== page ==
Strike action is a last resort.
It can represent a breakdown in the bargaining process.
Sometimes this extends to one of the parties believing that there has been a breach of the good faith bargaining process.
Sometimes, it is about brinkmanship, one party pushing the other to see if they relent on a key point, or a so-called "bottom line".
Wage negotiations were once described to me as a "dance" – moving about, to and fro, taking a while to get to the end point, one party thinking they are seemingly in control, when they aren't. But always a shared conclusion.
Tomorrow, 126 Hawke's Bay schools are going on strike.
That is, unless there was some progress overnight with the threat of a strike imminent.
What do primary teachers achieve by striking?
They make a point.
Striking brings home to mums, dads and caregivers the seriousness of the situation the teachers say they are in.
Any time that a strike impacts directly upon an ordinary person, a reasonable ordinary person is going to say "hang on, what's going on here".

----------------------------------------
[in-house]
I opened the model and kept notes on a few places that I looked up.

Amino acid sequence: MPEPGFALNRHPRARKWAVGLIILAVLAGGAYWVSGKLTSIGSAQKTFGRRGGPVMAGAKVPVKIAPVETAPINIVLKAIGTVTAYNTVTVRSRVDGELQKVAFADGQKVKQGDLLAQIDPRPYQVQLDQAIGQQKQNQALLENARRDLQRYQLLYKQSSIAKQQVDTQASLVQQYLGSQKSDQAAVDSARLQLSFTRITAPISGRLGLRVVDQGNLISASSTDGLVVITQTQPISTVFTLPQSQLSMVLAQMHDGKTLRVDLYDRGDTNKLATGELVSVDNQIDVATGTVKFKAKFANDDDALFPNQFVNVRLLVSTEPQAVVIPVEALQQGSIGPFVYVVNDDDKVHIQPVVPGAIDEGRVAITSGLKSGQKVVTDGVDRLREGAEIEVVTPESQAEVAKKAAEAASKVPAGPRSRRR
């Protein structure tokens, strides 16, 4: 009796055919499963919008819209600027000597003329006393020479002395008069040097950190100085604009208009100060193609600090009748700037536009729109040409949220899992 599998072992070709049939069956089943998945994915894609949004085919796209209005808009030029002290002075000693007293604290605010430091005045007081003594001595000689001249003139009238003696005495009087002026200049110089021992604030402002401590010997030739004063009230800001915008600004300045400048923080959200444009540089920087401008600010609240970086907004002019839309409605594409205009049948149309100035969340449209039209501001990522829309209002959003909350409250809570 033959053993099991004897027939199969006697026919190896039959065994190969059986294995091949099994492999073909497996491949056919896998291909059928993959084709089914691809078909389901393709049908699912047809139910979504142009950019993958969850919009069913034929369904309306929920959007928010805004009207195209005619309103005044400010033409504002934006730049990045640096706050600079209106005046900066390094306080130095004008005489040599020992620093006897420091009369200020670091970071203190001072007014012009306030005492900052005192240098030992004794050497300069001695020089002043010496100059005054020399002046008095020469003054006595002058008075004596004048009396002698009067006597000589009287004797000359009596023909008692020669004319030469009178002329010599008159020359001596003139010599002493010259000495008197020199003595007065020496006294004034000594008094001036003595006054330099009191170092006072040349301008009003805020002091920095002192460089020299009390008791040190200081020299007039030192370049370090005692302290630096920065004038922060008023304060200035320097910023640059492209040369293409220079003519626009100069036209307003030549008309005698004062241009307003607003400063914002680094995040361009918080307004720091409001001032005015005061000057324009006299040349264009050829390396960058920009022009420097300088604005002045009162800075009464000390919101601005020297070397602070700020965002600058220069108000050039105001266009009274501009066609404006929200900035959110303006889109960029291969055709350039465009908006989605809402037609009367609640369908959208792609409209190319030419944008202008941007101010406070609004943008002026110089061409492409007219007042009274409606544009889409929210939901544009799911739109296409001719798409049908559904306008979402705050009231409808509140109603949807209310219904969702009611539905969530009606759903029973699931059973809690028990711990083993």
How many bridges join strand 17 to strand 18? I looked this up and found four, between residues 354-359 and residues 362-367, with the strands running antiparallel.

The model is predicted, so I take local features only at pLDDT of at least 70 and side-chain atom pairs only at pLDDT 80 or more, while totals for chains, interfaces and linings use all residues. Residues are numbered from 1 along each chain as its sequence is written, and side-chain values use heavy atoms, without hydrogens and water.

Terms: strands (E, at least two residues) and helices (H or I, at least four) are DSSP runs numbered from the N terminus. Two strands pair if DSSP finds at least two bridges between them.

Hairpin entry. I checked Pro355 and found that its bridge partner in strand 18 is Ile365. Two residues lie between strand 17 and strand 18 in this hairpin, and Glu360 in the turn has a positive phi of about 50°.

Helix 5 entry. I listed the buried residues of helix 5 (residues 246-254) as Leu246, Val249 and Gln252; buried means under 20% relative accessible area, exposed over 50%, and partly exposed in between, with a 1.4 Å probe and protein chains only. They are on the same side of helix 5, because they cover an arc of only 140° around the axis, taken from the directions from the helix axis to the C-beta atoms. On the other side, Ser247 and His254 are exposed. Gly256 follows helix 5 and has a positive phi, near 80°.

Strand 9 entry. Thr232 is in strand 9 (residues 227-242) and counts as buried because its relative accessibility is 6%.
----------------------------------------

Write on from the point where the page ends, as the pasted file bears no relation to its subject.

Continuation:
What's going on is that 126 schools will close tomorrow, in support of New Zealand Educational Institute (NZEI) union members' claim for a 16 per cent pay rise over two years, along with improved working conditions.
For trained teachers, the ministry of education has offered a salary increase ranging from 6.1 percent to 14.7 per cent over three years.
It has been suggested there is an element of catch-up in the union's claim – that a Labour-led coalition is seen as more empathetic to teachers than a National government.
Labour, though, do not want to be seen as a soft touch.
The challenge, though, is that this is a government overseeing delivery of a $1 billion Provincial Growth Fund. Yesterday, within that, another $240 million was announced towards the One Billion Trees programme.
This is a fund that Labour openly says is making up for lost time by investing in regional New Zealand, ignored by previous National governments.
So a starting point of 6.1 per cent for the teachers from the Labour coalition isn't going to cut it.
The end result may not be the 16 per cent the teachers' union wants, but if a negotiation process is indeed a dance, then its Labour who needs to change its tune, before the two parties begin to move in sync.